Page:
A customer not only can tailor to their needs but can have what they want within 24 hours. Relationship with the supplier – Dell has been a successful player in building relationships with its suppliers and uses a Just in Time (JIT) approach to inventory management with suppliers maintaining their own inventory. Once a customer orders parts for a computer, Dell notifies the supplier to deliver the parts to the factory for assembly. It was widely believed that customers would prefer buying the computers through traditional retail distribution methods. Dell tried this traditional approach and this resulted in its first ever big loss of ($36m) in 1993. As a result of this Dell reverted back to a direct business model approach. Dell’s combined market led and product led approaches Dell combines both market led and product led approaches together as a method of satisfying its customers to outperform its competitors.

Dell identifies its customers’ needs i. e. the type of PC’s they like and the features and specifications they are willing to pay for. This is achieved through online surveys, telephone and face to face market research in order to get a general idea of what to produce and then work with a target costing method to achieve its profits but also satisfying customers’ price. Having identified the customers’ needs the next step is to market and sell the final product. Examples of this approach are: Online 24/7 shopping and customer service – To create an excellent customer service above its competitors Dell offers 24hrs online service where customers can fill in questionnaires (customer feedback forms) at their convenience, view available products, custom build their PC’s with step by step specification pricing, quick and secure ordering process , regular special deals and financing options . Free one to one buying advice – With this service customers can either speak to or chat live with an adviser on a one to one basis and ascertain the available features relevant to the specification of their desired PC along with the benefits.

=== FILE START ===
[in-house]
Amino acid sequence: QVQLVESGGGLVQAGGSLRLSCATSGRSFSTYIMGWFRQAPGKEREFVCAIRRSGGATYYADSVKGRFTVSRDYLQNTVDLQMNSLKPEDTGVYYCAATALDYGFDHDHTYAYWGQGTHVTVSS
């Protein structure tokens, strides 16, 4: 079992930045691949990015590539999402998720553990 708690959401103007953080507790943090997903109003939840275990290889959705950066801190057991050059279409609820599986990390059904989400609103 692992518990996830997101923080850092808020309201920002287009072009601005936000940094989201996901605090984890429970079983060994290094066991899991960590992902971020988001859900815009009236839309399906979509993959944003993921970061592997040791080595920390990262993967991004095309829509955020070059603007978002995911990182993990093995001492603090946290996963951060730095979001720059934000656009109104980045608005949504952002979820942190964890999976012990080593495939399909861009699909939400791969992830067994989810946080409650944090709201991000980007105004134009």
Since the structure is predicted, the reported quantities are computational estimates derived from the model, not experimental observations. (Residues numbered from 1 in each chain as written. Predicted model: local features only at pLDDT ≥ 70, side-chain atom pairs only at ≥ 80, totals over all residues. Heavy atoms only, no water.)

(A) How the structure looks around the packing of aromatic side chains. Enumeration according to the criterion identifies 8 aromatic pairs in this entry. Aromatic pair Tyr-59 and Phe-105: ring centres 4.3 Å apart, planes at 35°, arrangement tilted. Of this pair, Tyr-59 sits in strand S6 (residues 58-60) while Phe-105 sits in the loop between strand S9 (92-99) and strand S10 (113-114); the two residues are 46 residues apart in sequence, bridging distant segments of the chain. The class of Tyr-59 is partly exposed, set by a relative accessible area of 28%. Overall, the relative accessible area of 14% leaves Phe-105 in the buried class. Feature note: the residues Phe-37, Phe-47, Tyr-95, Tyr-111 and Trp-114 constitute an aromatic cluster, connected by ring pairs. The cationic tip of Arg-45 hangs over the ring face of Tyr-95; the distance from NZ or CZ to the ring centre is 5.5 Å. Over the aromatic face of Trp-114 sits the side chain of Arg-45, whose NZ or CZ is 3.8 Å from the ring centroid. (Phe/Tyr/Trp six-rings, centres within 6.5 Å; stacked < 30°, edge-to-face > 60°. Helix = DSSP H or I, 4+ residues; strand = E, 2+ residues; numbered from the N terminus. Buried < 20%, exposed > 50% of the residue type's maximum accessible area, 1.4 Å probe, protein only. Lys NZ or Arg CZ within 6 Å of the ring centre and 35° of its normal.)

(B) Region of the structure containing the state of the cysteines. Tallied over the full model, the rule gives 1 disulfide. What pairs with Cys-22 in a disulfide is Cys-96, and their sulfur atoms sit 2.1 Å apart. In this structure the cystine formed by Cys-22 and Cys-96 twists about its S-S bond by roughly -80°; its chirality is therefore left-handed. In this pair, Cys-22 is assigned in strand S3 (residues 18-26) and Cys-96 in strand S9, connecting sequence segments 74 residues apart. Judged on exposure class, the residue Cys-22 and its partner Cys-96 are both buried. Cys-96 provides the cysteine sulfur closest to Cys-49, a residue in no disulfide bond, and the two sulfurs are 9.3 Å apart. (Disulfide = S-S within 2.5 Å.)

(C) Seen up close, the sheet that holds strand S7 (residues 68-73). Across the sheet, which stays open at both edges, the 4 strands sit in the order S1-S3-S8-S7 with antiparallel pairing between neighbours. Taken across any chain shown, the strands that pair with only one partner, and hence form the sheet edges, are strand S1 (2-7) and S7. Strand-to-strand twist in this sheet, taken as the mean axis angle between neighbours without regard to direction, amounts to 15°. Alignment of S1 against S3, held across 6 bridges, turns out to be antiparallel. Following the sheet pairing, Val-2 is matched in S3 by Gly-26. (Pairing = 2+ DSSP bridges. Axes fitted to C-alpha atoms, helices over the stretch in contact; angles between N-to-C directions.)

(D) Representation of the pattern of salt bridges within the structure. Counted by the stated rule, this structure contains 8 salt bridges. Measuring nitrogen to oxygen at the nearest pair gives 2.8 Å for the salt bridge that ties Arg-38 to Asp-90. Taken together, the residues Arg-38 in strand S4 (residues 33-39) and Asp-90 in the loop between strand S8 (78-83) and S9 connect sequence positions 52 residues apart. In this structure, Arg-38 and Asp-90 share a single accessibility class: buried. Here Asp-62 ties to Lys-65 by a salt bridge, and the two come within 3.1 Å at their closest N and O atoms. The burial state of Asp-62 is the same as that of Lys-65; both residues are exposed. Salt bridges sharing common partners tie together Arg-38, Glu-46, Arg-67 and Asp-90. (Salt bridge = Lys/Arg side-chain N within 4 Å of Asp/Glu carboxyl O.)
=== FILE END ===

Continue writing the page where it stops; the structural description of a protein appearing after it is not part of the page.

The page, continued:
How Dell gained competitive advantage: With the rapid growth in technology during the 90’s Dell experienced a slump in 1993 whereby it was forced to re-evaluate their business model in order to try to recapture their market share and competitive advantage. Management’s objective was to focus on specific aspects of Dell’s business and identify how to bring about efficiency through cost savings and thereby increased profitability. Management recognised that by focusing on three areas profitability could be attained. Virtual integration: – In by-passing the retail distribution chain Dell significantly reduced costs by virtually eliminating inventory at each factory through its supplier relations and directly linking customers to the manufacturer. The aim being to cut costs and expedite delivery time with a more reliable value added finished product. E. .